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Heated Cassell Principal Selection Meeting Ends Without A Decision

By Howard Ludwig | May 4, 2016 7:57am | Updated on May 4, 2016 9:23am
 A heated meeting at George F. Cassell Fine Arts School in Mount Greenwood ended late Tuesday evening without the selection of a new principal. The meeting included passionate testimony from teachers and students in support of both candidates.
Cassell Elementary School
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MOUNT GREENWOOD — A heated meeting at George F. Cassell Fine Arts School in Mount Greenwood ended Tuesday evening without the selection of a new principal.

Parents, teachers and staff gathered at 5:07 p.m. in the auditorium at 11314 S. Spaulding Ave. The Local School Council was planning to vote on one of two candidates for school principal.

The two candidates addressed many of the same faces at a public forum Monday evening. Interim principal Cory Overstreet is in the running for the position, along with Eileen Scanlan, the former assistant principal at Cassell and current principal at Kate S. Kellogg Elementary School in North Beverly.

The principal selection process began with the mid-year retirement of longtime leader Denise Esposito, who announced her plans Feb. 16 in the wake of budget cuts handed down by Chicago Public Schools.

Cassell was facing $63,262 in cuts or 3.17 percent of its overall budget. Esposito said she opted to retire rather than cut staff at the school with 403 students. She also said Tuesday that her decision was made easier knowing Overstreet would fill her vacancy.

Esposito was principal of the school for 12 years. She was one of several people to address the crowd publicly Tuesday night. Her comments were critical of the principal selection process, took aim at the rumor mill that had been swirling ahead of the decision and supportive of Overstreet.

"Good luck, people," was Esposito's final statement as her minute-long comment period came to a close. She then abruptly dropped the microphone down on the council's table.

After the meeting, Esposito said she never would have retired had she known the principal selection process would have taken such a contentious turn. She added that she's worked with Overstreet for 3½ years as assistant principal at Casssell and firmly supports him for the job.

Meanwhile, Esposito also worked with Scanlan for six years in the same role. And she believes that a small, vocal group of parents and teachers have been working behind the scenes to bring her back since the opening was announced.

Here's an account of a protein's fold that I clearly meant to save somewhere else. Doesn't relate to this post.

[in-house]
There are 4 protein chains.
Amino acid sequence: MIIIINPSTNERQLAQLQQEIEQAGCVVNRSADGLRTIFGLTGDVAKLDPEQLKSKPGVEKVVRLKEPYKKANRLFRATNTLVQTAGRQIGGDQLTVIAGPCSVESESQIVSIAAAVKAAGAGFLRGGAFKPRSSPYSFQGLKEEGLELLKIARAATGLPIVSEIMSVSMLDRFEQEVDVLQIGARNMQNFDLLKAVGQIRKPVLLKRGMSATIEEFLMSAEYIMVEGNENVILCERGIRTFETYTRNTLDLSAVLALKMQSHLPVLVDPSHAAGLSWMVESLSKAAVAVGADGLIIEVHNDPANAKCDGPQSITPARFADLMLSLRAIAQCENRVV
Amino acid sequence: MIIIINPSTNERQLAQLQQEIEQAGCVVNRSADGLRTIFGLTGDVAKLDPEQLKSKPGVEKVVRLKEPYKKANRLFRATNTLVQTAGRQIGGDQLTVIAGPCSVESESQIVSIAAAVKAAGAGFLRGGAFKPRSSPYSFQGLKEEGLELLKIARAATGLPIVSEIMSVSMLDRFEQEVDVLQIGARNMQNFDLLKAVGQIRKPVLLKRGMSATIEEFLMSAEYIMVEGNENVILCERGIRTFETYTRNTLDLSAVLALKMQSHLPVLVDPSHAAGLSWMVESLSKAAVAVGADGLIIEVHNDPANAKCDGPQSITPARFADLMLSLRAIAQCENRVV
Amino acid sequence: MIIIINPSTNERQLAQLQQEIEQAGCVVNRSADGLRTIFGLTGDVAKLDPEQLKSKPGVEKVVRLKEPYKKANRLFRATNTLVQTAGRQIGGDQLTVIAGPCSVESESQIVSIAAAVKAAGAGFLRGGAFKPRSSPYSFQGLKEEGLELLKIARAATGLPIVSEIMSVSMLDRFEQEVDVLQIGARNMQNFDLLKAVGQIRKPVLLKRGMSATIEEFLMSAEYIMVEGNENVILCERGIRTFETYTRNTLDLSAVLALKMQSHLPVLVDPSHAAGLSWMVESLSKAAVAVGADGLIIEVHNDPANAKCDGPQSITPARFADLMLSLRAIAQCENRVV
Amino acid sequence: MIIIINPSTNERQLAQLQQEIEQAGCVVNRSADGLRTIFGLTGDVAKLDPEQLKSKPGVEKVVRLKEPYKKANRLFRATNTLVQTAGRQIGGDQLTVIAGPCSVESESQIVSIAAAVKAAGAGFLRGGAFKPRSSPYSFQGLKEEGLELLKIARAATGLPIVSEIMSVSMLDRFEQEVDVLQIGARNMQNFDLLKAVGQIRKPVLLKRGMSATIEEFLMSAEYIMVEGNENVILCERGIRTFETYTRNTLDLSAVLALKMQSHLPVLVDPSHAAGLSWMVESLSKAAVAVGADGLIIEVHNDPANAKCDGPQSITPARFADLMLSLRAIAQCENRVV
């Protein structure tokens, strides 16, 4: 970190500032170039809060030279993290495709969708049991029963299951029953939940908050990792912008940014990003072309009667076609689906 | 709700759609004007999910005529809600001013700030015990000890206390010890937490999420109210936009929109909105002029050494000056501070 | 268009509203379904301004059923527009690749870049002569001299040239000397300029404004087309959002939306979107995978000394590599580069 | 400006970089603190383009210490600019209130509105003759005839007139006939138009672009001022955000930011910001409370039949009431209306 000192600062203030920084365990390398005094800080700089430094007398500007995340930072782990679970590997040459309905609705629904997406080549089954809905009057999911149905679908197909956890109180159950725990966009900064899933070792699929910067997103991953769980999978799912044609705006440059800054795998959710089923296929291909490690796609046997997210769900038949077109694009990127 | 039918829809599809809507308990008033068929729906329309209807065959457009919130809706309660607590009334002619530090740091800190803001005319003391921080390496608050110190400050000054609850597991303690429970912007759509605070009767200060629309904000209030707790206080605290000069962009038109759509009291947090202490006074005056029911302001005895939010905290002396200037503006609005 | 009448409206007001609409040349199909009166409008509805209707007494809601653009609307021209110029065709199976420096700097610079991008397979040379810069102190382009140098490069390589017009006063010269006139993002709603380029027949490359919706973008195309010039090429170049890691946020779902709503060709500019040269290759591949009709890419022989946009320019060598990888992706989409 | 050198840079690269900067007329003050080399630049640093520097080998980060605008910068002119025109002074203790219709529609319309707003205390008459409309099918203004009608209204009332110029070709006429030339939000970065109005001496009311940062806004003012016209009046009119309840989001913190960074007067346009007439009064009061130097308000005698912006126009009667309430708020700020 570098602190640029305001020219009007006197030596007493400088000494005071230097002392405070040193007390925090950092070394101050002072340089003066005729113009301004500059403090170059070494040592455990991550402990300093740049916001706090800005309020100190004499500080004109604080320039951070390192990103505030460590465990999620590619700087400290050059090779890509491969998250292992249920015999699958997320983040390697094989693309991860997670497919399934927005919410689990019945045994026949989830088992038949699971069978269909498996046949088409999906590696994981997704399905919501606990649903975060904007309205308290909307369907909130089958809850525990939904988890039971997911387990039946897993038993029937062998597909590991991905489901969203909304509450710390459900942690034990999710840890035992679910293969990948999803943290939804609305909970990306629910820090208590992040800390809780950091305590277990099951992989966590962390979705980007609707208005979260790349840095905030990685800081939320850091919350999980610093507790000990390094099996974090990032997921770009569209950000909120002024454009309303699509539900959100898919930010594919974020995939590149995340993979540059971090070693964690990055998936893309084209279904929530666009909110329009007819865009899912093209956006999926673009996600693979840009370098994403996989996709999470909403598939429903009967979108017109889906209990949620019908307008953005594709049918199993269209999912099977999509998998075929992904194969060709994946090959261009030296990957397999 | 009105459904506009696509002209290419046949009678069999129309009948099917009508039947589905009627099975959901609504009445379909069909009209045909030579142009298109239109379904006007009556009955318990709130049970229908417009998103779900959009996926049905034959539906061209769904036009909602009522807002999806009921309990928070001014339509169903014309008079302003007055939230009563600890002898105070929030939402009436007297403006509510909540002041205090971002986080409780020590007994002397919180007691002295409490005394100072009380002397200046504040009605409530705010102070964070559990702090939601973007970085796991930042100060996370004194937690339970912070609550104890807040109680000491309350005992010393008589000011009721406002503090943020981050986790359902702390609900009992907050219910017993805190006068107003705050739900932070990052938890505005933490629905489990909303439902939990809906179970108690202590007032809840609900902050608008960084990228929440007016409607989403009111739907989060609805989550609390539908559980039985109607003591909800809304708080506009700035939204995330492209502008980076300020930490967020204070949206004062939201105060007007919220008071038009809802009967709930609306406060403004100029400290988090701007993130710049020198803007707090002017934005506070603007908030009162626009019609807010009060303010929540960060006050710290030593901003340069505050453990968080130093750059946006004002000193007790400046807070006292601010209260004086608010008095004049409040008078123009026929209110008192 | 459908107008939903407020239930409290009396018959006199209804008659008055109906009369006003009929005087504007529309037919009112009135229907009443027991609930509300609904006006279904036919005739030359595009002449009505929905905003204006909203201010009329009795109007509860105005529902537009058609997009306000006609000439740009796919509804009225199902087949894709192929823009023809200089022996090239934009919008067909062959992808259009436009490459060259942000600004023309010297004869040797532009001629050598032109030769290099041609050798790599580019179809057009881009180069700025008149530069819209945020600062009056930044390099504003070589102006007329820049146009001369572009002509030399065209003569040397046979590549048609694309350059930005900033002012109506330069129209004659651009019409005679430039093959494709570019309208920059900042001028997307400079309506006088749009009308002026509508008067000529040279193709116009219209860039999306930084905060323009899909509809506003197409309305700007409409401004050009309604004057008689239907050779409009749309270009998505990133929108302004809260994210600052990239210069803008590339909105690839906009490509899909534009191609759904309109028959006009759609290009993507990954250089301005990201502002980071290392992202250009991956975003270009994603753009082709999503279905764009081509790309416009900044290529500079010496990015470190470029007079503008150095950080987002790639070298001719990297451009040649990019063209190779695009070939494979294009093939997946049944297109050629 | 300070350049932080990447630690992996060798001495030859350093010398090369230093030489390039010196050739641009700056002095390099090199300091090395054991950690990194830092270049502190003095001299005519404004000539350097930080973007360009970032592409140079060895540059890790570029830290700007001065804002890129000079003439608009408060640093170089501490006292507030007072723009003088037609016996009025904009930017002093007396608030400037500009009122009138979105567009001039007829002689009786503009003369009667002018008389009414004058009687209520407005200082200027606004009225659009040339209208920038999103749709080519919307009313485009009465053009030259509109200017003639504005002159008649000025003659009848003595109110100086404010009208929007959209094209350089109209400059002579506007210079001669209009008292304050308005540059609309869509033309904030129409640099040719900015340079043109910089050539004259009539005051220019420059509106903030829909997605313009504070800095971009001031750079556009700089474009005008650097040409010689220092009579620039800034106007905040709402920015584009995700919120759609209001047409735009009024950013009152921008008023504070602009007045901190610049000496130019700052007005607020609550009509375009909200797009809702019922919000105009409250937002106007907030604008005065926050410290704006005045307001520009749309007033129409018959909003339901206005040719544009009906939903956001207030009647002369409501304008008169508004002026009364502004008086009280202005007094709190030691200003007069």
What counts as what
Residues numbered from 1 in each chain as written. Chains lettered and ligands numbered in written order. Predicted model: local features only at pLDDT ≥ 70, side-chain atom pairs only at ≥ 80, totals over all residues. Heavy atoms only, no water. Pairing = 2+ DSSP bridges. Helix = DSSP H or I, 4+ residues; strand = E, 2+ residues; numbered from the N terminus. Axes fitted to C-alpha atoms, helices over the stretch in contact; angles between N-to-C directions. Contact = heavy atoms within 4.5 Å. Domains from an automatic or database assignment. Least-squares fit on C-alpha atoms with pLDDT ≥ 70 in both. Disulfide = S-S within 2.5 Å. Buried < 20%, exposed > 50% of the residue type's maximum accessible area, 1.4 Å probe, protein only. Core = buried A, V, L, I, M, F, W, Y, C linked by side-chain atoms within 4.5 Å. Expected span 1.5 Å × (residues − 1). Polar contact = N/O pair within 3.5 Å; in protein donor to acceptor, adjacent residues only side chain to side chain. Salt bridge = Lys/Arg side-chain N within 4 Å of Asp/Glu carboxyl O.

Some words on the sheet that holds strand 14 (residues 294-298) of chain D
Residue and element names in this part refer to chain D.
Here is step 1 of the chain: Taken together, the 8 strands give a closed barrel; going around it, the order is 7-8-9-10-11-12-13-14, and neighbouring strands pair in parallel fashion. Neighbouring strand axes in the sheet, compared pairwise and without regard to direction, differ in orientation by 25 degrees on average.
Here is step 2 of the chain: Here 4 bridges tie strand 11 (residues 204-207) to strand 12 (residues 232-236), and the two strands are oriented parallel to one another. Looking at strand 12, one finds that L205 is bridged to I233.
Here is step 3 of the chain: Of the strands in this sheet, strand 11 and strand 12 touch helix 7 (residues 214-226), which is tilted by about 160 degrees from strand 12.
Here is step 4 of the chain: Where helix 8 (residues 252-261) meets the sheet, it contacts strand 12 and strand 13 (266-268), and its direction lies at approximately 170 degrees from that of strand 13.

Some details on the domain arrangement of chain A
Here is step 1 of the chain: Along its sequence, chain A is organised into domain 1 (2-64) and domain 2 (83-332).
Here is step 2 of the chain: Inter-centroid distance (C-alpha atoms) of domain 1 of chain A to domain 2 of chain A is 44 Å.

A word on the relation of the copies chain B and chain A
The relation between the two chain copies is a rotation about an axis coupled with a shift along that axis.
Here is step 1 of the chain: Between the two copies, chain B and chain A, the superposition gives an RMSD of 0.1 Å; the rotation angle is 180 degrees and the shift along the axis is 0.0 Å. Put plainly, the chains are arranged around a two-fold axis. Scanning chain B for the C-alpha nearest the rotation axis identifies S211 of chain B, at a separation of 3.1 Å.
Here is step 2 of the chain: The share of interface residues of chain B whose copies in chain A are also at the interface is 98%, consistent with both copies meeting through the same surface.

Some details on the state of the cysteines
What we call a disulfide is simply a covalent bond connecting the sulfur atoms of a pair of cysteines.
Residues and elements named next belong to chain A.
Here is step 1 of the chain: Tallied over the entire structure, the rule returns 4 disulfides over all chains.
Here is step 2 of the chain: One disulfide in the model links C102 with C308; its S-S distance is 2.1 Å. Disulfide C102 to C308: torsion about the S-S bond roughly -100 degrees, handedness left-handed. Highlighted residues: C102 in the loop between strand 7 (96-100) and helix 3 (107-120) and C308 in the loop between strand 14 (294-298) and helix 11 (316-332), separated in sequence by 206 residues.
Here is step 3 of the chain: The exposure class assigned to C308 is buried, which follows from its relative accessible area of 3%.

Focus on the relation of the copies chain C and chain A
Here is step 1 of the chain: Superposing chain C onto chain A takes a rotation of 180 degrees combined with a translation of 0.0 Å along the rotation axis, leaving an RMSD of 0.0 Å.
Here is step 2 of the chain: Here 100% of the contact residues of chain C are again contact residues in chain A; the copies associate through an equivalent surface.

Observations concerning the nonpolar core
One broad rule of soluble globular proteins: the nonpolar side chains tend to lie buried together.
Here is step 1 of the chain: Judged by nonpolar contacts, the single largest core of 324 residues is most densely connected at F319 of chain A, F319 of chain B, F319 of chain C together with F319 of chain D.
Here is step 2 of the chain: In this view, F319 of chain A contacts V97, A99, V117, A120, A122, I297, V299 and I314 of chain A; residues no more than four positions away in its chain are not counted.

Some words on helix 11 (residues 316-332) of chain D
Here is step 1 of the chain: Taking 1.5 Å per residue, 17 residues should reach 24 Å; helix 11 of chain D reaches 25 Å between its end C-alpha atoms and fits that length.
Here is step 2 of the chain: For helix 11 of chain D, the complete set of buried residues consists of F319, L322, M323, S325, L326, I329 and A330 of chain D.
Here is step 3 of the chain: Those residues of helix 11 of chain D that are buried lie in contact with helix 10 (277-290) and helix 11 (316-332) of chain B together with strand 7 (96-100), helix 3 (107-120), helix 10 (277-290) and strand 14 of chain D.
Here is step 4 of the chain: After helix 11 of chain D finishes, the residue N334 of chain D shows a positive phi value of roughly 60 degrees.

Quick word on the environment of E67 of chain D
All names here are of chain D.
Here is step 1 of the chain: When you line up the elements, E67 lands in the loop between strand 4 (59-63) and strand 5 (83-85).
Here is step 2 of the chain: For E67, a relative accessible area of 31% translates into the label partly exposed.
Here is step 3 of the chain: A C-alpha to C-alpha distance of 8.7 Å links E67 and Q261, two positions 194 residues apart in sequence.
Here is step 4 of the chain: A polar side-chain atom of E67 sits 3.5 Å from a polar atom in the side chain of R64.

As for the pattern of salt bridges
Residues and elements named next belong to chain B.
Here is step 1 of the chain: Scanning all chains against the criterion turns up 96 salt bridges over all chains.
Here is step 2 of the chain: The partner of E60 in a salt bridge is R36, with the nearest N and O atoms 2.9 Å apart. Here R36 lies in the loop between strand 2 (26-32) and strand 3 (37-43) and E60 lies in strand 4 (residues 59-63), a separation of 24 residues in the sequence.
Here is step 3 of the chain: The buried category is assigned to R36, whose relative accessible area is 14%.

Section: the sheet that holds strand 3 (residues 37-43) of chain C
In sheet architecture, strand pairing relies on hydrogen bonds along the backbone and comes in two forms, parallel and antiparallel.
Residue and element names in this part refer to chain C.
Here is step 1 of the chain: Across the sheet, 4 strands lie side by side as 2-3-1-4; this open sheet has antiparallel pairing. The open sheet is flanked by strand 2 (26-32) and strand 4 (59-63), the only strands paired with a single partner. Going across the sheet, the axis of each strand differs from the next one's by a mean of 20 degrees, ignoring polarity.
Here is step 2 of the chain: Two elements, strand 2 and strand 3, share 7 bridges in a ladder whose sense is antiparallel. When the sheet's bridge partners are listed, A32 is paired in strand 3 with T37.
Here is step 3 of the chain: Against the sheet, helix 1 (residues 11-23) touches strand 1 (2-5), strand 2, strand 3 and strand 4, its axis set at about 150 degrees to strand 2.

A group of students at George F. Cassell Fine Arts School in Mount Greenwood played outside while parents and teachers waited for word on the selection of a new principal. The meeting ended at 7:35 p.m. Tuesday without a decision. [DNAinfo/Howard Ludwig]

Ann Donovan of Mount Greenwood was one of about a dozen teachers to publicly support Overstreet as part of a group at Tuesday's meeting.

She has taught special education courses for 11 years at the school, working with both Overstreet and Scanlan. She said the tension throughout the building has been "disgusting" in the lead up to the principal selection.

"The LSC is constantly leaking information. There is a lot of gossip going on," Donovan said.

Following the public comment period, LSC chairwoman Mary Fahey Hughes announced the results of a vote that was taken among audience members at the principal forum on Monday. Of the 167 votes cast, 91 were for Scanlan and and 76 were for Overstreet.

Parents overwhelmingly supported Scanlan with a 68 to 32 vote, and community members favored her by a margin of 16 to 12, said Hughes, adding that she was making the information public since most of the crowd had already heard the results of the poll through the grapevine.

Meanwhile, teachers voted 20 to 5 in favor of Overstreet. The school's non-teaching staff also supported Overstreet by a 12-2 margin, Hughes said.

Donovan said the teachers' vote should speak volumes. And she believes Scanlan's edge likely comes from her roots as a lifelong 19th Ward resident. Overstreet hails from downstate Champaign and lives in Pilsen.

She too reiterated Esposito's claims that support for Scanlan is being driven by a small but influential group of parents and teachers. But she believes that Overstreet is a better fit and said other teachers feel similarly — though some are afraid to say so publicly fearing reprisal.

"Cory is very level-headed and a leader," she said.

But Patti Swistowicz of Mount Greenwood said Scanlan simply stood out as the better candidate after the presentations Monday night. She brought three of her four children to the selection meeting Tuesday.

Her kids stood up as their mother made made a tearful plea for LSC members to choose the best candidate for them. She was also critical of the gossip that had been swirling about both candidates and their supporters in recent days.

"It's a great school. And the great legacy that was here, and it is going to sh--," Swistowicz said.

She later added that her tenure at Cassell has included interaction with both Overstreet and Scanlan. And while she has nothing bad to say about either principal candidate, Swistowicz said she preferred dealing with Scanlan.

At 7:35 p.m., Hughes addressed the few remaining parents, teachers and media. She said no decision was going to be reached that evening. A follow-up meeting is being planned, and the details are pending, she said.

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